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In this exercise, I am going to show you how to take this image here, this photographic image and basically bleed it into the paper texture as if either the inks were still wet and they were leeching into the paper or we'd have actually painted this butterfly using watercolors. A rough approximation of that anyway. I've gone ahead and saved my progress as Paper texture.psd found inside the 16_smooth folder and here is what we do. Go ahead and click on that Background layer which contains the photographic butterfly and I want you to press Ctrl+Alt+J or Command+Option+J on the Mac to jump it and name it and I am going to call this bleed, because the inks are bleeding into the paper. Click OK.
The next thing that I want you to do is to go up to the Filter menu, choose Noise and choose Median. I've frequently, when I'm trying to basically melt an image, and this works not only if you're trying to accomplish this effect that we are about to do here but also if you're trying to melt an image for purposes of creating a kind of mask, then frequently what you will do is you'll basically sort of turn the image into a kind of wax rendering using Median and then you'll follow that up, because you end up getting these weird displaced edges.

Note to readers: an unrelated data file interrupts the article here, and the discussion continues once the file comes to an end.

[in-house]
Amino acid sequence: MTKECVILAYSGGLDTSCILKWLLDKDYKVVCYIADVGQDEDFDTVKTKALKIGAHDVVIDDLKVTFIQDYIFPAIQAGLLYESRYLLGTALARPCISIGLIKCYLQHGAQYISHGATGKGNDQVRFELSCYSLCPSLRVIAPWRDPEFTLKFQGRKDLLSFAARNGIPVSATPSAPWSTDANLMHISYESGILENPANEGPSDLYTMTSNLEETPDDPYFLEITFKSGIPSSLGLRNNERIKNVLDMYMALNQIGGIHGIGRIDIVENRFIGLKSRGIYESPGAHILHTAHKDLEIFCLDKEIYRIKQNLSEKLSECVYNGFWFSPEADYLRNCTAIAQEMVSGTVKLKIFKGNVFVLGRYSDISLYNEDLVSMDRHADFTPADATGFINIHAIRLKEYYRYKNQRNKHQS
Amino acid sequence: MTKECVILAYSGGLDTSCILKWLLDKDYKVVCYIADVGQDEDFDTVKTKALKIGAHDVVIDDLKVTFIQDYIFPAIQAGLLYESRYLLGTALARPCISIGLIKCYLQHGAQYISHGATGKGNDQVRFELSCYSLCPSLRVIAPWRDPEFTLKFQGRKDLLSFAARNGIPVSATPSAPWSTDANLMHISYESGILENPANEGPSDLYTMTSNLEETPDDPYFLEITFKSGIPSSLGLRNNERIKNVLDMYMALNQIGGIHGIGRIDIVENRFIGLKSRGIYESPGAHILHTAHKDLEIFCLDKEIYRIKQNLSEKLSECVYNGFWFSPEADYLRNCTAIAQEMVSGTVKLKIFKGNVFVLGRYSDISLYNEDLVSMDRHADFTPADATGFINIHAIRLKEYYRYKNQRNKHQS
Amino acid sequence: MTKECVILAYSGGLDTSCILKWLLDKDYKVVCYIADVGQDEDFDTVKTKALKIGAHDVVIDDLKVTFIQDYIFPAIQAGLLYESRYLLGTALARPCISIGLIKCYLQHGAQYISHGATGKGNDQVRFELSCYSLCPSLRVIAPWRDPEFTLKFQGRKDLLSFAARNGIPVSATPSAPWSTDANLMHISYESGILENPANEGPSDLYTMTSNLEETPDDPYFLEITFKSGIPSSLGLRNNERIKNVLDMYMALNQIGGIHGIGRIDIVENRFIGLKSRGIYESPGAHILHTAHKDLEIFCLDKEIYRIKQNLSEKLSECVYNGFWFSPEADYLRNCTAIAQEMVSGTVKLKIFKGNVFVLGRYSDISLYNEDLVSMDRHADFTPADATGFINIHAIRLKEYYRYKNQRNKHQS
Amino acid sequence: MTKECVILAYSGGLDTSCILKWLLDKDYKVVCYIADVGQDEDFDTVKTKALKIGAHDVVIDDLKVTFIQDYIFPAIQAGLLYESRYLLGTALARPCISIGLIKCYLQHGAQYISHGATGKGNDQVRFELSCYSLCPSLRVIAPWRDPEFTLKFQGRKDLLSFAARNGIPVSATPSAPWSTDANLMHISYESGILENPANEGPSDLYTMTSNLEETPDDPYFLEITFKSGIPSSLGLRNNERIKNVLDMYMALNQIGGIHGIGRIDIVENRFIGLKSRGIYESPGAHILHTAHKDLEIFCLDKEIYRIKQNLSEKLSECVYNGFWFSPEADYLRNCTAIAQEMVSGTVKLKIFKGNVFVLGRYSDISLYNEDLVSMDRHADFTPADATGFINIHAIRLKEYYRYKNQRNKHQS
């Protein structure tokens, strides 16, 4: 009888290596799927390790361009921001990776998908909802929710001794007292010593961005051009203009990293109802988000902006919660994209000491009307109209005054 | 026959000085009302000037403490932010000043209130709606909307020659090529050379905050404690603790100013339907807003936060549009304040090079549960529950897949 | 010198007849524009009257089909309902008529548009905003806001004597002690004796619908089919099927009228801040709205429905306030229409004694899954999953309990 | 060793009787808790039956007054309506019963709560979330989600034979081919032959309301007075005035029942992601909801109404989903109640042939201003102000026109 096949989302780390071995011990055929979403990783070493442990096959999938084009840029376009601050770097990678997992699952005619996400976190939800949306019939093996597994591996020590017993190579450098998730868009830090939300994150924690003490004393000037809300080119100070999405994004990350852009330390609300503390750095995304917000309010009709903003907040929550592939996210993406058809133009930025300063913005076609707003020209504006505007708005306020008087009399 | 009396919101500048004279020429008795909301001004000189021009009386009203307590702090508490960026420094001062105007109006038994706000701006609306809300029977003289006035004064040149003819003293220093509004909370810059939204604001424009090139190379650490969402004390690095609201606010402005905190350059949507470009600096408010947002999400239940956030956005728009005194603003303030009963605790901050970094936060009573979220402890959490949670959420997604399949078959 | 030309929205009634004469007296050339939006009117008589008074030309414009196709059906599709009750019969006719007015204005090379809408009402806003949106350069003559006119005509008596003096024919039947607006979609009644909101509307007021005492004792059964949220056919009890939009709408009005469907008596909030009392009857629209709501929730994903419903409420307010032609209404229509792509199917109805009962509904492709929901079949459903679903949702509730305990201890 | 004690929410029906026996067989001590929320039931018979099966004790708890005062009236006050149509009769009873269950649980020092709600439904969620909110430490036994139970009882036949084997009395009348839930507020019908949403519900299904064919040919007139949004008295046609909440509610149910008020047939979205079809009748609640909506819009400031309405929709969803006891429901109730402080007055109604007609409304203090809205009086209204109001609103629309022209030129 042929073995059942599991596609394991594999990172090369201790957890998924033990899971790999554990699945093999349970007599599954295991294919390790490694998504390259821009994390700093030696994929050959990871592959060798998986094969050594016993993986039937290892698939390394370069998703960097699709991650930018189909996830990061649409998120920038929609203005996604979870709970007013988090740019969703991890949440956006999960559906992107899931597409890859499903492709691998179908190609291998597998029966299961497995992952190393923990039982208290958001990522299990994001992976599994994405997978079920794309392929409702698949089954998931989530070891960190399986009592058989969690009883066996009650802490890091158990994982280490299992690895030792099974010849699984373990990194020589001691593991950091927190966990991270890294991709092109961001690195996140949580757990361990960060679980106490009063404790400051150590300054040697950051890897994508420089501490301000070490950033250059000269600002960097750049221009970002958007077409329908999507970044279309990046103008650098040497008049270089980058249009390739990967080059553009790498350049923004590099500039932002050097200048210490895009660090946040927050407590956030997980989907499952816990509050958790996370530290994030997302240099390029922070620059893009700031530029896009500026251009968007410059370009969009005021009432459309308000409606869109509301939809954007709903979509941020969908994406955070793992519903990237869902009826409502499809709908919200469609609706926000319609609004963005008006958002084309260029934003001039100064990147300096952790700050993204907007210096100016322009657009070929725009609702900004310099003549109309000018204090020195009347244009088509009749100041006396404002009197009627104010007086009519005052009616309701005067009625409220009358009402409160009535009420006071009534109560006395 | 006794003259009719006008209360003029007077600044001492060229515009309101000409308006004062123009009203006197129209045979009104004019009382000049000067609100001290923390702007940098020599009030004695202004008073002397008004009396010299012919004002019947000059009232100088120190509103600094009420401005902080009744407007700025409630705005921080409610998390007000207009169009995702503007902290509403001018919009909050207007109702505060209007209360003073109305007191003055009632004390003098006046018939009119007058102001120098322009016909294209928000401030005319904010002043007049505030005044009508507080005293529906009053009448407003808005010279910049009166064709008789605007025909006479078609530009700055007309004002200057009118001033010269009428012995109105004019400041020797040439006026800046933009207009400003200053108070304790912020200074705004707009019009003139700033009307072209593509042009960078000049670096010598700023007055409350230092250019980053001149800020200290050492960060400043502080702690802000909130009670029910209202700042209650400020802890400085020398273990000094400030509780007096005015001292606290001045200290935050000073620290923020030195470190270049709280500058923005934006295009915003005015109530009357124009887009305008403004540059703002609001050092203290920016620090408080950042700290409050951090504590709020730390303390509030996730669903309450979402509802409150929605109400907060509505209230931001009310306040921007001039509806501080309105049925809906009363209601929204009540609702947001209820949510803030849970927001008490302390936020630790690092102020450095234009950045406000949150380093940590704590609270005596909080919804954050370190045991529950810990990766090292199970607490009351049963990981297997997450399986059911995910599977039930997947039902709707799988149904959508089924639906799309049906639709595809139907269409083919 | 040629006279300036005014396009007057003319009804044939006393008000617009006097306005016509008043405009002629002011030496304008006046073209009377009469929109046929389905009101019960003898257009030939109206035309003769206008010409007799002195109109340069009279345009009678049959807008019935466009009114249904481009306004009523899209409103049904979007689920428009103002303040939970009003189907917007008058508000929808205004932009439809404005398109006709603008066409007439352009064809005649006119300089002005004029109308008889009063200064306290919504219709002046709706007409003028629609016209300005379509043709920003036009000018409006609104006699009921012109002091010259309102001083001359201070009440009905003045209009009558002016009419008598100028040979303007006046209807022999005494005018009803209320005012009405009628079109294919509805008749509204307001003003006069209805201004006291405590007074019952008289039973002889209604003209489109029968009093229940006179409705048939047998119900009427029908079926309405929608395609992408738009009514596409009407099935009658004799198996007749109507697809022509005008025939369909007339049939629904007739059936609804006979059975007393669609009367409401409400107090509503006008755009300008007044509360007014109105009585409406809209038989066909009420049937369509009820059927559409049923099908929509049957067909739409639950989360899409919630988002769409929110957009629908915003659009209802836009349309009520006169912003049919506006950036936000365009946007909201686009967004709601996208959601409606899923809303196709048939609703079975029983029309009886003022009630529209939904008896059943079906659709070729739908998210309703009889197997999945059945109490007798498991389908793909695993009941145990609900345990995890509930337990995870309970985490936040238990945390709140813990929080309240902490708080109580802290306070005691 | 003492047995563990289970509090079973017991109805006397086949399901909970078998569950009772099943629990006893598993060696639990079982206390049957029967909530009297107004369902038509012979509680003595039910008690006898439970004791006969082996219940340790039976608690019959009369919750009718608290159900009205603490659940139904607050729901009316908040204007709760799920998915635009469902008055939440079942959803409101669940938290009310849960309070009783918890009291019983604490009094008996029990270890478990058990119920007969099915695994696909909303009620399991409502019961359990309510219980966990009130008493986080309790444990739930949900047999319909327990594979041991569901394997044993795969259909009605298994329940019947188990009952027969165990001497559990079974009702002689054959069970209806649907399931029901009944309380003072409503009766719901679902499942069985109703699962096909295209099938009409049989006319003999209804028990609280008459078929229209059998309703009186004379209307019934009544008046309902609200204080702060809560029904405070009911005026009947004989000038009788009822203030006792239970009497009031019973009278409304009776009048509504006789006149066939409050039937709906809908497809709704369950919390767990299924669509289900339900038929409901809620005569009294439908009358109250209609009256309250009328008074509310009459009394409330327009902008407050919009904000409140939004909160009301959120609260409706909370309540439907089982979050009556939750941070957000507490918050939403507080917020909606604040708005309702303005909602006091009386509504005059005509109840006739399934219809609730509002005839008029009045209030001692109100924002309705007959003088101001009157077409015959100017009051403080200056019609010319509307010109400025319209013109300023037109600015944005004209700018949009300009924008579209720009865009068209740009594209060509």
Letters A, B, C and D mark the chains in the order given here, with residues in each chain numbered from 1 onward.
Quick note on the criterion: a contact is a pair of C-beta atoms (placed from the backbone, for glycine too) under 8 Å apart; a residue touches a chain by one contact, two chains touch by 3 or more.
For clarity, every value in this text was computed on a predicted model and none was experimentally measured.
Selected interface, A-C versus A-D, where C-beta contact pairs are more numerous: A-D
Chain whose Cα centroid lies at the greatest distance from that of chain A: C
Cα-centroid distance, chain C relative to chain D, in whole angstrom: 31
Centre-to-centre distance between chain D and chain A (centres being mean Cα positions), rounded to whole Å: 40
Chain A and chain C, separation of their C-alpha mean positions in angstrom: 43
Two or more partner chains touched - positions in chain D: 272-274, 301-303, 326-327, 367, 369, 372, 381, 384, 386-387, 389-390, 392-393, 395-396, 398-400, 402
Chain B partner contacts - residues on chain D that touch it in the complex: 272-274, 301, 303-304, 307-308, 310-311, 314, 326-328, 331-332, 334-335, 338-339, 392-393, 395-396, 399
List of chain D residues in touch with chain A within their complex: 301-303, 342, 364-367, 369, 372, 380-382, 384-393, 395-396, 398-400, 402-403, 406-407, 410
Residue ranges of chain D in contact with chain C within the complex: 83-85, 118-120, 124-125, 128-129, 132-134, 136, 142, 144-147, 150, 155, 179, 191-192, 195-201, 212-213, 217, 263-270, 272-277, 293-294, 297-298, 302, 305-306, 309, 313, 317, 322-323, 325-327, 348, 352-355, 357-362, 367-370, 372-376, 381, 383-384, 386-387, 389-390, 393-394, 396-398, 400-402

You end up following that up with an application of Gaussian Blur. This is a pretty useful trick by the way for a bunch of different effects. Anyway, I am going to start here with Noise and I'm going to choose the Median command, Shift+F8, if you've loaded Deke keys and this is the amount of Median I want to apply, 8 pixels. Just to give you a sense of what that's doing to that image. I'll click on the butterfly's face there. This is before; so lots of information inside that face, this is after and you can see that we really are melting all of that detail.
We are really rounding off the corners inside the image. Median is the filter equivalent of the Smooth command, which is available to us under the Select menu, you may recall that one, we just used it a couple of exercises ago. So it goes ahead and takes any sharp corners in the image, rounds them off according to this Radius value. Another way to think of it is its averaging pixels. So either way whatever melts pixels averages them, browns off the corners, it ends up giving you this result here. Click OK in order to accept that effect, then because we are generating new edges, I am going to go ahead and zoom in on this image and for just a moment, I'll turn off this texture layer and if I zoom in another click, you can see that we have these kinds of weird perpendicular patterns going on inside the image.
Now if you look very closely, the edges are still very sharp, even though they're rounded off. They are fairly tight looking edges here; especially notice this guy right there. It's a kind of tightly focused teardrop right there. That's not really going to convey the appearance of a bleed. That is going to convey the appearance once again of having melted this image, but if we want to bleed it into the paper as well, we need to soften it. So the softening agent, go up to the Filter menu, choose Blur and choose Gaussian Blur and notice, it has the next keyboard shortcut over and so we've got Shift+F8 for Median.